Photo Editing“Pre-press” responsibilities you are expected to have as a photographer Photo editing starts when the photo is taken. A PJ thinks ahead and tries to provide a variety of images and options.
Before you shoot You should be thinking about the needs of the story and the photos you can make that will tell the story best Cover the story fully – try to find effective images that include three basic shots of PJ: LS, MS and CU A large part of selecting photos is intuitive
Photographer as Editor Should an photographer edit his own photos? You were there and know what image captures the event But, you might be too involved with the photos and think an image says more than it really does So, review the photos together with your editor Provide your notes and detailed captions so the editor can make the best decision. Regardless, you should seek feedback on every shoot.
Sorting through your photos As a staff photographer, the photograph and the words are partners and should be selected to work together Go over your pictures at least twice. The first time, your eye will stop at any photos that might work. Note this. The second time, see if there are any shots that have small details or subtle messages that might not have jumped out at first (You might have to look at the large thumbnails or use a magnifier) A photo may look sharp when small but be fuzzy full screen
Judging your photos Three main points to look for when judging a photo: Message content, composition and technical quality Message content: make sure the photo is making a statement about SOMETHING and not merely a pretty picture. The message can be subtle. Watch for clichés (people just looking at camera) Be sure the photo accurately portrays the event and is not a moment out of context. Ask: what does this photo say about this event? What does it tell us about the atmosphere? Does it say enough? (Get a second opinion) Is the photo alive? Does it have impact? Is people are posing, is there a naturalness or do they look like stuffed turkeys? A common mistake is to capture only the backs of people.
Judging your photos Composition: check for photos that may look weak at first but can be cropped to turn into a strong image It’s possible to have a beautiful photo that does not tell a story and another that gets right to the point yet isn’t as well balanced or composed. A really good photo should read from 10 feet. The photo should have a strong element that can be readily seen and will grab the reader’s attention.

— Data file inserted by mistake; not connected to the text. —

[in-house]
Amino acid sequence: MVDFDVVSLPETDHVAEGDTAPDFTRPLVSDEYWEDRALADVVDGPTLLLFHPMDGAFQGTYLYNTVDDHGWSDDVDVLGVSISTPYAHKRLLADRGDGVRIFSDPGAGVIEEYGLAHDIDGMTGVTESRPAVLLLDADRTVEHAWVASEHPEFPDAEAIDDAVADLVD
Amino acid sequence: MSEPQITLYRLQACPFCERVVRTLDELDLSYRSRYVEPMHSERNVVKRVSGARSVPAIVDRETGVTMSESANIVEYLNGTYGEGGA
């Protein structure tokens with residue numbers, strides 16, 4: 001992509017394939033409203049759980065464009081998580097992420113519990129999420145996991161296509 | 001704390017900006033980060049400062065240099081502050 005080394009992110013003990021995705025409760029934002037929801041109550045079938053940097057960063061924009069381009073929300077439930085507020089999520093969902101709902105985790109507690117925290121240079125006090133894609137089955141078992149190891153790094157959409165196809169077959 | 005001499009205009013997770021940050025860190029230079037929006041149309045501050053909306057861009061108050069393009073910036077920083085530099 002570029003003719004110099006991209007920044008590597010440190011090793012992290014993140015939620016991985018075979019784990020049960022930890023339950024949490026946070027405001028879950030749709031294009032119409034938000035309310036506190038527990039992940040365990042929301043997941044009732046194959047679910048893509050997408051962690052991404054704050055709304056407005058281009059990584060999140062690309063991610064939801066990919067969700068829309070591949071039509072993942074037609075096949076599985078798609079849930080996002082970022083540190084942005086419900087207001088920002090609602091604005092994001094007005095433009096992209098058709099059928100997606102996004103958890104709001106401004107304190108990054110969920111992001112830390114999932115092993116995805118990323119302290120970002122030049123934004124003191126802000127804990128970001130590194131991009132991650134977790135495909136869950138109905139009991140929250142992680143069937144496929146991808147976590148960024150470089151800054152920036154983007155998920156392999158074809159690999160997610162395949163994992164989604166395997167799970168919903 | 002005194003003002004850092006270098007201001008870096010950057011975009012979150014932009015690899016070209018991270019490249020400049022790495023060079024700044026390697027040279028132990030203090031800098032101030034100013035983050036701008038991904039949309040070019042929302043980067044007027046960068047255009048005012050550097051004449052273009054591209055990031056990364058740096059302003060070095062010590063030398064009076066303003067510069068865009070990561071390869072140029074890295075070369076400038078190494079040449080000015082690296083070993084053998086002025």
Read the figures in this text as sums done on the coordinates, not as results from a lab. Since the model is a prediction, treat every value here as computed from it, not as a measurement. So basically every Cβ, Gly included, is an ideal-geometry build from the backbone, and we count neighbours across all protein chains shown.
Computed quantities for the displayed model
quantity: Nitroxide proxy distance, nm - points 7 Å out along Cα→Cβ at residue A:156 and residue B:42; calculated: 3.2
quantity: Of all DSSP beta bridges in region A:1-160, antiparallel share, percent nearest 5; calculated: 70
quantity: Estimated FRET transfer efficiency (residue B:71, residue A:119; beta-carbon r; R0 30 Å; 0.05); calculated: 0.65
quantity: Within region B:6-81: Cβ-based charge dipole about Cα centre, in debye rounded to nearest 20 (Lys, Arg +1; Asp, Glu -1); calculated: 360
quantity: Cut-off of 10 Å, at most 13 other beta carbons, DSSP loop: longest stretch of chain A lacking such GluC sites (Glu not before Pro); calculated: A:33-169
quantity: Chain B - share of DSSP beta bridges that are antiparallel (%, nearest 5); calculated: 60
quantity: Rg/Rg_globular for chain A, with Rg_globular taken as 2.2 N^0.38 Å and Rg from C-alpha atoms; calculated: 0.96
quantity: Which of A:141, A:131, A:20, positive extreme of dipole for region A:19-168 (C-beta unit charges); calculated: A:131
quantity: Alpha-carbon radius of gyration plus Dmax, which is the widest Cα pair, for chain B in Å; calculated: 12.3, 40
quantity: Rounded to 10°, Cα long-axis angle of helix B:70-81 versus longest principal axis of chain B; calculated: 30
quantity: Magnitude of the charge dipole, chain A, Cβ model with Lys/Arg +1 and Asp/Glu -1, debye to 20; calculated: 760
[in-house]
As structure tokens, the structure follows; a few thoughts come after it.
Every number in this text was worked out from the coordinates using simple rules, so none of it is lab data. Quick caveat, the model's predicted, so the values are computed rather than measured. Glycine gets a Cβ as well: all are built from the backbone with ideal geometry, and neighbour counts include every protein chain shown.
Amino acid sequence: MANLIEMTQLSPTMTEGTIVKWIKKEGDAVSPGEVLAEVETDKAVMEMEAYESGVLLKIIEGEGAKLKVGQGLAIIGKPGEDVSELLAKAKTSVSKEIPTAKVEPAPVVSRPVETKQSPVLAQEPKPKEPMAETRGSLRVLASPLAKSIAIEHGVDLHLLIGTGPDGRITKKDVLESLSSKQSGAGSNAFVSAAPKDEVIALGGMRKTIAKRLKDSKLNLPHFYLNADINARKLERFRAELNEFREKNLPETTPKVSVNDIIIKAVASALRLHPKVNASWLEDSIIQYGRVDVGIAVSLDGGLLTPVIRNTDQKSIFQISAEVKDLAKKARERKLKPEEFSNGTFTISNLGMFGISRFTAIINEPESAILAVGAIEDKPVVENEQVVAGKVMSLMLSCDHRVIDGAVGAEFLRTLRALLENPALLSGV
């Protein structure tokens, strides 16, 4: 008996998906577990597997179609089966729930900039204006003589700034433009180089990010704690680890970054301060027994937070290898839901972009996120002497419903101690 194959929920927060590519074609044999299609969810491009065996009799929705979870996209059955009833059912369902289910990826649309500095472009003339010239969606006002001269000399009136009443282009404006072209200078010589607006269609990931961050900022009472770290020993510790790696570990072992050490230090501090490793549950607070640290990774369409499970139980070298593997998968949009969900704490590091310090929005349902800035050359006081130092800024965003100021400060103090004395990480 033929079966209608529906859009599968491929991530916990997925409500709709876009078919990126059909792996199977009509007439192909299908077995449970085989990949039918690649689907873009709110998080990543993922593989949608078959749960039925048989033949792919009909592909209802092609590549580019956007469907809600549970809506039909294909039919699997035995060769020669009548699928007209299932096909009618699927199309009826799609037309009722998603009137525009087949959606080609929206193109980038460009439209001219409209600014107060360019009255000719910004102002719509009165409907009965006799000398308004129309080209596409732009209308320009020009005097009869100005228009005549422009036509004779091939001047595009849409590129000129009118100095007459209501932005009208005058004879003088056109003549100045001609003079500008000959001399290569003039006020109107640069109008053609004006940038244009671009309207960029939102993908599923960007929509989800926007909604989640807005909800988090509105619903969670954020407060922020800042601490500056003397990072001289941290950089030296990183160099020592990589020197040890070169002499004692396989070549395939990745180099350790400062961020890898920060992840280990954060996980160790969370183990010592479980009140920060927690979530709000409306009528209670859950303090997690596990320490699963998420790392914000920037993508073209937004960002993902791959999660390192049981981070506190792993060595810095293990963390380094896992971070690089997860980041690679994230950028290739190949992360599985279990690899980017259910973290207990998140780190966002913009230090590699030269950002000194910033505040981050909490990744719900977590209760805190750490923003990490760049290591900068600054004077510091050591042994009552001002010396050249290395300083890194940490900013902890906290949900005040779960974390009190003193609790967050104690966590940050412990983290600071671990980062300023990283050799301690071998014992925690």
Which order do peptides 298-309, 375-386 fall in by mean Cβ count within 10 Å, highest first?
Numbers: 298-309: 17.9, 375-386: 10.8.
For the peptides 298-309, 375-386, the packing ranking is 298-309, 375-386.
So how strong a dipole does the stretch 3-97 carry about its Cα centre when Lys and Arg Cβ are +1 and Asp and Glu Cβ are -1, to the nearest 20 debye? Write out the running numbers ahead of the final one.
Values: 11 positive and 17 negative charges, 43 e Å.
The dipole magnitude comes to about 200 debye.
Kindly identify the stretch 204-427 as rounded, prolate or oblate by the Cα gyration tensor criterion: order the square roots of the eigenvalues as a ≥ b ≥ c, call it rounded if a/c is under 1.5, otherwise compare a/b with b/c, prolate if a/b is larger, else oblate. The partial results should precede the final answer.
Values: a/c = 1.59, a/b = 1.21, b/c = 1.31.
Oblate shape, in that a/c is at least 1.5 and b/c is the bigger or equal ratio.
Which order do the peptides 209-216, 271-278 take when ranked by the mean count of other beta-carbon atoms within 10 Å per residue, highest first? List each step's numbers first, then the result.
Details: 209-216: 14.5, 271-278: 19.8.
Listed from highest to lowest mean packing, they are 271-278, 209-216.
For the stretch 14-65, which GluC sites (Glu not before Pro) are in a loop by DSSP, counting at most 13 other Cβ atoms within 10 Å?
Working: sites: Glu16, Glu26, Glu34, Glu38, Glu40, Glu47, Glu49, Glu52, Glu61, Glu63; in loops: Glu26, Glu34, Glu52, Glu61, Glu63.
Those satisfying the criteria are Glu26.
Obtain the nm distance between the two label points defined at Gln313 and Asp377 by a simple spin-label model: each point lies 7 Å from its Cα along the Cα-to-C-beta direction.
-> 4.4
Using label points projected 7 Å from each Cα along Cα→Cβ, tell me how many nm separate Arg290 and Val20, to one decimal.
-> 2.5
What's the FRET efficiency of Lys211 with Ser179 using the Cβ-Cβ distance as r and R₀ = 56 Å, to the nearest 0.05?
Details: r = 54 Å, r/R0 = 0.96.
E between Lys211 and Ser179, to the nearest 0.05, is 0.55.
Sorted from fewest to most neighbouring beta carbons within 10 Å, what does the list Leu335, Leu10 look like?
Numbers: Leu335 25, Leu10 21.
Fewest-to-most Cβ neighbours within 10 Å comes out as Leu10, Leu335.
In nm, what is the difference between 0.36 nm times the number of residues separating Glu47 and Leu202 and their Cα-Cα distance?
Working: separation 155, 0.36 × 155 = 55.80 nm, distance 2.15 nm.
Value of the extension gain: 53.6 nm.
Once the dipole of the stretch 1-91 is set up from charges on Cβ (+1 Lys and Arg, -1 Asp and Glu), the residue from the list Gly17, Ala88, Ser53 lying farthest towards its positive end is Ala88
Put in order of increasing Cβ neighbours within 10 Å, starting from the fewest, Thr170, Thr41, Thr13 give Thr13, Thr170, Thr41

Judging your photos Technical quality – sharpness, well-exposed. Only once in a while will you have a picture that isn’t sharp yet the message overrides the consideration. Rarely. Exposure: details, details, details!
Sensitive issues Watch for things that could needlessly embarrass the subjects or you. Folds, wrinkles, sags in clothing. Sensitive issues also include photos of grief, tragedy, violence and private moments. Sometimes, you might run a photo without a story because it is so sensitive and you don’t have names…this is a tough call.
Editing Check for pairs of photos that can be used together. Be sure the images complement each other, not duplicate each other. Good uses for pairs include stories involving contrasts, times when a long shot also needs a close up, or when a sequence best explains the action. Long shots should make a point beyond being a wide- angle view of the scene, should have an impact and a dominant element that stops the reader and gives him or her solid information.
Cropping Crop intelligently. Crop in the camera, and when that fails, crop properly when publishing. Careless cropping can destroy a well-made image. Crop out empty or wasted space. Be careful about destroying balance and emotional feelings created by space. Crop for content – you should straighten out horizons, most of the time.
Cropping Avoid cutting off hands and feet. Avoid cropping so a major element just touches the frame. Either leave a little space between the element and the frame, or crop so the frame runs through the object.
Retouching Retouch photos CAREFULLY – the integrity of a news photo must not be breached. We will deal with ethics later, but you should not tamper with the honestly of the image. There’s a fine line between improving an image and falsifying it.
Captions Many cutlines are poorly written, so look through newspapers or magazines for examples. (Even those are bad, sometimes.) The camera can only go so far. Words go the rest of the way. So, why do photographers put such little effort into the other half of their job? Make a list of what you can’t see in the photo and use this as a basis for the caption. List reasons why the pictured event is happening, time context, quotes from the subject, names, place, date.
Captions Don’t repeat what is obvious the photograph. Try not to start every caption with a name. Include story facts in your cutline. Never say “is pictured” or “in the photo above.” Never say someone is “looking on.” Libel often happens because of the cutline: be sure names are accurate and the cutlines relates only to the photo. Don’t guess! If you aren’t positive, leave it out.